This week, I’m pleased host cartoonist and author of the Granite Cove mysteries, Sharon Love Cook.
I am a writer and cartoonist living north of Boston. At my first writing job, I got to combine the two: At seventeen, I was a correspondent for the Gloucester Daily Times‘ (MA) supplement the Cape Ann Summer Sun, where I wrote about jelly fish invasions and volleyball tournaments. More recently, I’ve gotten to illustrate the covers of my Granite Cove mysteries: A Nose for Hanky Panky and A Deadly Christmas Carol. Currently I’m working on book #3: Laugh ’til You Die.
“Nose” was recently translated into German by Amazon Crossing, the company’s international department. As a result, I was given 25 complimentary copies. I’d be happy to send a free copy to anyone who reads German.
A Deadly Christmas Carol
When sultry Dionne Dunbar is run down in the street one winter’s night, Granite Cove Gazette reporter Rose McNichols is the only witness. Amid Christmas preparations in the New England fishing village, Rose alone is determined to discover Dionne’s secrets. Who wanted the woman dead? Was it a member of her mediums circle . . . or one of her black book clients?
Here is an excerpt:
She pressed her foot on the gas and, at the same time, shifted into reverse. The Jetta roared back, slamming into the barrel with a loud BAM. In the rearview mirror, she saw it topple into the street. Rose swore out loud.
At least her car was freed, she thought, driving a few yards into the road. She got out to check the damage. The barrel was on its side, papers strewn all around it. She felt for the handles and attempted to right it, but the thing was too heavy. What was it filled with—bricks?
She dropped to her knees and rolled it toward the curb. Not only was the barrel heavy but it was tall. Panting in the cold night air, she gave a final shove. The barrel rolled and at the same time dislodged a large, dark mass.
She struggled to her feet. Had she dumped a pile of clothes on the street, along with all that paper? Worse, what if it was garbage? Peering into the dark, she remembered the LED flashlight in her glove compartment. She stumbled to her car and found it among a jumble of odds and ends.
She returned and pressed the switch, aiming the tiny beam at the barrel. The light reflected off a pair of high-heeled black boots silhouetted against the snow. She moved the beam southward and discovered that the boots were attached to a body.
This time, Rose was not reluctant to wake the Chitwicks. In fact, her screams woke the entire street.
Places to find me:
BOOK GIVEAWAY: Leave a comment and enter to win a print copy or an eBook of Sharon’s latest Granite Cove mystery, A Deadly Christmas Carol.
This week I’m pleased to host fellow Wings author, Kevin Richardson.
A retired Australian journalist, Kev spent many years touring the world, writing travel articles for airline magazines. His many adventures and misadventures became the bases for his several Action/Adventure novels.
Several biographies of significant people have also come from Kev’s busy pen.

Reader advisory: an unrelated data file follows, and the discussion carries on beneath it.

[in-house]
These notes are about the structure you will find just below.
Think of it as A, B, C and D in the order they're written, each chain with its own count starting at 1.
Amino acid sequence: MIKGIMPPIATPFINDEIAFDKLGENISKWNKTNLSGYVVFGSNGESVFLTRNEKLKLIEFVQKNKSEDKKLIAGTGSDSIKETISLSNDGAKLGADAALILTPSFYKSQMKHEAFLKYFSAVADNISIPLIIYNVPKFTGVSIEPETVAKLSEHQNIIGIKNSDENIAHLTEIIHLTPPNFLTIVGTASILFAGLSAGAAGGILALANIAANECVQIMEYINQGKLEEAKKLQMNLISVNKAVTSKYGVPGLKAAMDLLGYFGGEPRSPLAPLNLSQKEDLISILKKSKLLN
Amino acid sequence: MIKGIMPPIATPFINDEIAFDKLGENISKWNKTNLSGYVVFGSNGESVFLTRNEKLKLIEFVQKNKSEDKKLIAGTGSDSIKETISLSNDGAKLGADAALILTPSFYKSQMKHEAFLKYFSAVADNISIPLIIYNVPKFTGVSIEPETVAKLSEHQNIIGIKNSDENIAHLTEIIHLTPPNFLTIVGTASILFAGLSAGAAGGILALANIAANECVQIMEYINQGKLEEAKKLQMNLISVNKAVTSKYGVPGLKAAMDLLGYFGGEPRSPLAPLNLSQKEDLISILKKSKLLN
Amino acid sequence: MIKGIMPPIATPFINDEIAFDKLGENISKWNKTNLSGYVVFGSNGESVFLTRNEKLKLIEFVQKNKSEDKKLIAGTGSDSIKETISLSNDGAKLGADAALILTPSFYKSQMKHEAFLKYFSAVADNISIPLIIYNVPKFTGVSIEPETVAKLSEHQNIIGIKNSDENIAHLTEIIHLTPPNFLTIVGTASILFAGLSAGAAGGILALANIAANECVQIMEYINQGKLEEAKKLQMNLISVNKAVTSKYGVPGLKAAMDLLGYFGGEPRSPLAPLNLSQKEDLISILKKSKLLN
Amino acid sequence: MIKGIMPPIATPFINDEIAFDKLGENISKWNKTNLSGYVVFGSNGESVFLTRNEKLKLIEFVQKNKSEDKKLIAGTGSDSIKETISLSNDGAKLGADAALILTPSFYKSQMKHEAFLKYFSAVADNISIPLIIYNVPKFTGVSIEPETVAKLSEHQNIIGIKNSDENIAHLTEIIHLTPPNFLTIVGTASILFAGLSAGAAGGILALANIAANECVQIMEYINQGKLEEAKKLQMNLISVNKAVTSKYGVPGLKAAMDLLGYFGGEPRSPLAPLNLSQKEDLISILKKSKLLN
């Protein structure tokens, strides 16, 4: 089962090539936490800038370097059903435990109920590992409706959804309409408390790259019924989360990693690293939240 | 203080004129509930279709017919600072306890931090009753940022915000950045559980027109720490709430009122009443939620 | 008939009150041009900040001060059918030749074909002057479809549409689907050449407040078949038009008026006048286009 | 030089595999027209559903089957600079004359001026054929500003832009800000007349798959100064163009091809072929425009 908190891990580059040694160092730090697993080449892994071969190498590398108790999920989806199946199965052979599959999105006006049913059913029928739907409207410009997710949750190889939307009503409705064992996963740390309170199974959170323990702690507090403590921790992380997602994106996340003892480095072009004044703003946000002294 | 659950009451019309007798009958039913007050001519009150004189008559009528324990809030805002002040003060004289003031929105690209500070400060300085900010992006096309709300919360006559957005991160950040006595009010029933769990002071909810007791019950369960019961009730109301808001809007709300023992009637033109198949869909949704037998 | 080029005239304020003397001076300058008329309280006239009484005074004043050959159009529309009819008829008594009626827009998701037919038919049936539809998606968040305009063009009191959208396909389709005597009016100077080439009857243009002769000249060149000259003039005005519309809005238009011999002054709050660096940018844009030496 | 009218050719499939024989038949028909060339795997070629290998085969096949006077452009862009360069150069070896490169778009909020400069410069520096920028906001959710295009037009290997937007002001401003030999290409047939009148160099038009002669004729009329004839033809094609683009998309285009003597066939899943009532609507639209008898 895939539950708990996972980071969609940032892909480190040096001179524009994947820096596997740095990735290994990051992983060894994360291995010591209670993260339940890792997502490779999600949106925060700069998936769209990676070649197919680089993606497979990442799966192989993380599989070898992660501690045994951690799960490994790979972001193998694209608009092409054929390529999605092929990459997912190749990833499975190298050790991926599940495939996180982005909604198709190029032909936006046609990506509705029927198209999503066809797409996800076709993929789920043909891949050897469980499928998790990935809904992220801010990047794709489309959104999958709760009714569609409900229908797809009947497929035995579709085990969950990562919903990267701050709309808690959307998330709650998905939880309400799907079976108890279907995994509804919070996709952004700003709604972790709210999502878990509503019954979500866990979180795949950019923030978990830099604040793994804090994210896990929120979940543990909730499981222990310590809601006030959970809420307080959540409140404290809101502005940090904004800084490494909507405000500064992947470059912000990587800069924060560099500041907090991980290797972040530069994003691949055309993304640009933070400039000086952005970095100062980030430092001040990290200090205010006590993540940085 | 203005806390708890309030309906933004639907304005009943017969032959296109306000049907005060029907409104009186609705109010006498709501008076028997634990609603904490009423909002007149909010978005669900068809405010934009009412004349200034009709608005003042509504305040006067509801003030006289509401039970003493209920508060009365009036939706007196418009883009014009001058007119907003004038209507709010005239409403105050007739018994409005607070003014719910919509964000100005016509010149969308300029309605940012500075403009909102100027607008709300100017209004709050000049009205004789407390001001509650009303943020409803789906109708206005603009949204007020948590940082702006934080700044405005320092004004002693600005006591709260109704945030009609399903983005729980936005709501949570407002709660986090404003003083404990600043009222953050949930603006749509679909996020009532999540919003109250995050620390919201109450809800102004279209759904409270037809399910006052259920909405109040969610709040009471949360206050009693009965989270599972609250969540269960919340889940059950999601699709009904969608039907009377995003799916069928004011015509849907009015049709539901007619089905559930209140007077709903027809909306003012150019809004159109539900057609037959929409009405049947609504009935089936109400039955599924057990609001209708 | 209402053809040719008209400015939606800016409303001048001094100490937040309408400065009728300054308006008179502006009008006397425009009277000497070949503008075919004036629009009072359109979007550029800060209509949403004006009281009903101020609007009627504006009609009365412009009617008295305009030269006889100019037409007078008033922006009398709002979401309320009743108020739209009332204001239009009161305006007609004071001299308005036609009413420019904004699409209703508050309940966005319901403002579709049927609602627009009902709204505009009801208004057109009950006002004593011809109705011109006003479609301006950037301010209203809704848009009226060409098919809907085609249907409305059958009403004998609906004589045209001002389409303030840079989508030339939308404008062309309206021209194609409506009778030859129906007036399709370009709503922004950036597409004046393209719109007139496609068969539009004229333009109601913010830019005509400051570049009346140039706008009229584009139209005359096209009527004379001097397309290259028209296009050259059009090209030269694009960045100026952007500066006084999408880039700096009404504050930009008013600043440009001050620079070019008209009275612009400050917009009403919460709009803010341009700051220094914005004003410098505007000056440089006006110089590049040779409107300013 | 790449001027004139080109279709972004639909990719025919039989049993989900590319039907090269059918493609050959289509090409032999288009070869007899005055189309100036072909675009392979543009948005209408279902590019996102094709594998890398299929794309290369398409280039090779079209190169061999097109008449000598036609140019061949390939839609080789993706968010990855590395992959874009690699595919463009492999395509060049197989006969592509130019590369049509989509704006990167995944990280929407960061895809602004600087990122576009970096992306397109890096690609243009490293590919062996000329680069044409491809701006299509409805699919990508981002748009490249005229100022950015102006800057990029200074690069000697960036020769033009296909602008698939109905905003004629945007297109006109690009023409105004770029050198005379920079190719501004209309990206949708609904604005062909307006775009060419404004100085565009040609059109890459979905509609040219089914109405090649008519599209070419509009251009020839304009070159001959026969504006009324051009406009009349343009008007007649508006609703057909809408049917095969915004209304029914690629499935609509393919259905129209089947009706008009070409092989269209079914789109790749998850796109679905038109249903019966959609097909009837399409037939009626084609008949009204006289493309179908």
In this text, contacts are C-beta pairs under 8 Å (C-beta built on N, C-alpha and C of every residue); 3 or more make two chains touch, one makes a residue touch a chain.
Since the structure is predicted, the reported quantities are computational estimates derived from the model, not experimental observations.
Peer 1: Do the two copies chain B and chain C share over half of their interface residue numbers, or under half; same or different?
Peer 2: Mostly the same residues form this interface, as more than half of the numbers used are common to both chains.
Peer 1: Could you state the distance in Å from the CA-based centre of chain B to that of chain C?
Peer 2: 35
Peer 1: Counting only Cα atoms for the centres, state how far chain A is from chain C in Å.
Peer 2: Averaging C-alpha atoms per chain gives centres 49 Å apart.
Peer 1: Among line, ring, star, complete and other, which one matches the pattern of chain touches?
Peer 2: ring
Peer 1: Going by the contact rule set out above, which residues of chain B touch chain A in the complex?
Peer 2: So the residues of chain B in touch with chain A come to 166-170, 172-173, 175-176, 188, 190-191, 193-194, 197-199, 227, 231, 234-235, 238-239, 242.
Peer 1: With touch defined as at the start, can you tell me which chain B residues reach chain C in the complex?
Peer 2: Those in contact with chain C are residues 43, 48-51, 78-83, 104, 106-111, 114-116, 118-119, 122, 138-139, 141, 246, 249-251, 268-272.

Two works have been finalists in the International EPIC Awards and all twenty-three novels have been awarded by professional reviewers, either 5 Stars or 5+ or 5++ Stars. Two, however, received from Conger Book Reviews USA, its first and only 10 Stars out of 5 reviews!!!
All works are available in Paperback or eBook.
Kev is twice married and now enjoys single life, writing on his experiences and studies, relaxing in the Himalayan foothills of exotic Thailand.
Had Hitler not stabbed Russia in the back by attacking it in 1941, the face of the entire world could, today, be markedly different. Surely he would have been the stronger had he continued using the support of Russia’s millions working with him, than against him.
In that year, Britain was helplessly unable to further defend itself against the blitzkrieg that had already sacked Europe. Leaving Britain to maintain its manufacturing power, deliberately creating an eastern front as well as his western, was a dreadful mistake.
Without Britain, there could have been no D-Day and no US forces in Europe. Instead of shooting itself in the foot, denying itself the ability to back-up its ally Japan, in the Pacific, today’s world could be an entirely different place. Both the USA and Australia could be experiencing a vastly different life.
Here is an excerpt:
Britain in mid 1941 was already helplessly staggering.
Factories had hurriedly converted manufacture of non-military goods to defensive armaments, and while German bombers rapidly reduced Britain’s manufacturing abilities, its agricultural produce was directed first to the military, leaving the civilian population suffering hunger pains. Its colonies began shipping tons of food and supplies, yet German U-boats sent increasing numbers of supply ships to the Atlantic Ocean’s sea bed, along with America’s shipments of desperately needed armaments.
Why Hitler, with all France’s northern seaports at his disposal, didn’t invade, has remained a quandary. Had his astoundingly easy successes in subjugating even more of Europe than had the Romans two thousand years prior, made him overconfident? It seems history proved that possibility, right.
So what would have been the war’s course had he not turned on Russia at that time but invaded defenceless Britain? Can we imagine what the combined might of the Axis Bloc’s multi-millions have done once Britain was out of the war? There could have been no D-Day and no US troop forces in Europe.
And could the United States as readily have outmatched Japan’s manufacturing if Germany had then, been supporting Japan against it?
Kev Richardson… historian, novelist, biographer
Read synopses, awards and reviews on www.kev-richardson.com
Did you go see my new website?
Kevin and I would love to hear from you, so please feel free to leave a comment.
This first week of December, I’m hosting author, David K. Bryant.
I started writing fiction after retiring from journalism and public relations. I suppose the books waited their turn during all the years I wrote articles, features, speeches and promotional material for other people. My career included running a district office for a daily newspaper, helping to introduce professional PR into the British police service and promoting a major parliamentary Bill for Margaret Thatcher’s government.